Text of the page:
Navy Was Wrong and Right to Fire Captain

Obama: McCain called on America to rise above ‘mean and petty’ politics
POOL
Former President Barack Obama delivers a eulogy for Sen. John McCain at the National Cathedral on Sept. 1, 2018.

The Navy has relieved (read fired) the captain of the aircraft carrier housing dozens of sailors with coronaryvirus infections.

Captain Brett Crozier made headlines earlier in the week when he wrote what became an open letter to his superiors begging them to let 90 percent of his 5,000 member crew off the ship so they could avoid being infected.

The Navy responded by relieving him of command, saying his superiors have lost confidence in him.

This is both outrageous and completely justifiable.

It is outrageous because Crozier is being punished because he was looking out for the best interests of the crewmen who depended on him as a leader.

It is justifiable because Crozier was the officer in charge of one of America’s mightiest war machines. Announcing to the world – which, in effect, he did – that this war machine was not really ready to wage war is not the kind of thing commanding officers are supposed to announce.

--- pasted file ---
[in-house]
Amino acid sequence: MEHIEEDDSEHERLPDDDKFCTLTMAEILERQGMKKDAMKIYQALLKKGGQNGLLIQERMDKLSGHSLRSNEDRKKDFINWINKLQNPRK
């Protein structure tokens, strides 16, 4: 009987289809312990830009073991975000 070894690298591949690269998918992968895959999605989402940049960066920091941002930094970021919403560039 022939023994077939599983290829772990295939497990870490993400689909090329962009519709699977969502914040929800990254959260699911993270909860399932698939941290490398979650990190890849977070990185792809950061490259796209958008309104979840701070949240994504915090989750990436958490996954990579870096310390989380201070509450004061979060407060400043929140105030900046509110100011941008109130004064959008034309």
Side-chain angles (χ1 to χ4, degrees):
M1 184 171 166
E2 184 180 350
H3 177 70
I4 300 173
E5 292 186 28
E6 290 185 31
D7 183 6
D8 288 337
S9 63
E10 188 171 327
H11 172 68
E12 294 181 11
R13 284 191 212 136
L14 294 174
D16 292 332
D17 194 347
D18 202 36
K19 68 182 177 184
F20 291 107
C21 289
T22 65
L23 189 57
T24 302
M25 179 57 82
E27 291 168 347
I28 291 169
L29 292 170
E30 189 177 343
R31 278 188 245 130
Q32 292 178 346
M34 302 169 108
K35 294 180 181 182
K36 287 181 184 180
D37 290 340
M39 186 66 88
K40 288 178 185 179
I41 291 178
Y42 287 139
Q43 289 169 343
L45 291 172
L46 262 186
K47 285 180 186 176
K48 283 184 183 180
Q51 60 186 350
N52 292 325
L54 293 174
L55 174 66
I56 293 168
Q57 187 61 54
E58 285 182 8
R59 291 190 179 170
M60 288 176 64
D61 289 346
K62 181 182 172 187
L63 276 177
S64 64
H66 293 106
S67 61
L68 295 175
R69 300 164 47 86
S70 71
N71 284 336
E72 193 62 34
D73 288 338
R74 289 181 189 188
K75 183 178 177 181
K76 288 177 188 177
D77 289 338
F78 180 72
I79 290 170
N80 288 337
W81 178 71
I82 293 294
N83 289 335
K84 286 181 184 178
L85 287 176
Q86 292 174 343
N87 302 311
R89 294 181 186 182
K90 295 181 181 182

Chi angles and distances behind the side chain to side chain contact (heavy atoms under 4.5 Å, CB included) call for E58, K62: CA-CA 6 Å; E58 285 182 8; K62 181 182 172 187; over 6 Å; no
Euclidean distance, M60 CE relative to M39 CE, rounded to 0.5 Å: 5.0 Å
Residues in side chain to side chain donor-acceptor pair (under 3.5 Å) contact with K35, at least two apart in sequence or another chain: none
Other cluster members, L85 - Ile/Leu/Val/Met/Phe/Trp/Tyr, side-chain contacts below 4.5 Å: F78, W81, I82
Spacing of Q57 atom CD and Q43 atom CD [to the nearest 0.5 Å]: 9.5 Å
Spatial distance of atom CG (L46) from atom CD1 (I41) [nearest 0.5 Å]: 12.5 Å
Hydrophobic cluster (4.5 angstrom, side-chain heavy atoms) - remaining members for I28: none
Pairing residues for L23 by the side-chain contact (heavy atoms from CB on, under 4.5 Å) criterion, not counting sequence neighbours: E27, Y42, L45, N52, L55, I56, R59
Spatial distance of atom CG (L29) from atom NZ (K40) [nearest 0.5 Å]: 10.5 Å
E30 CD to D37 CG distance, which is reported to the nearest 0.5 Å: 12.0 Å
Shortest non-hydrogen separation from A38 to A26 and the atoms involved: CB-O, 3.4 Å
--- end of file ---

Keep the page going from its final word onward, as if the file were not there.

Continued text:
It is inconceivable to me that Crozier didn’t know what awaited him when he sent that letter. He was sacrificing his career to protect those who depend on his leadership. He is a hero.

It’s also pretty clear to me that the Navy agrees. It relieved Crozier of his command but it did not punish him by reducing his rank. Those who made the decision knew full well that people like me would castigate them as mindless bureaucrats.

They did what they had to do.

The situation is somewhat analogous to that befalling General Stanley McChrystal when he and his fellow officers were overheard in a bar making nasty comments about former Vice President Biden.

President Obama fired McChrystal because, if senior military officers are seen belittling their civilian commanders, you get a big challenge to the legitimate chain of command.

Obama, I’m sure, got no pleasure from the controversy but he, too, did what he had to do.

Is there a moral to this story?

Not really. The lesson is that leadership comes at a price. I think the proper response to the Crozier decision is empathy for the price the leaders at all levels paid rather than outrage for the fact they paid it.

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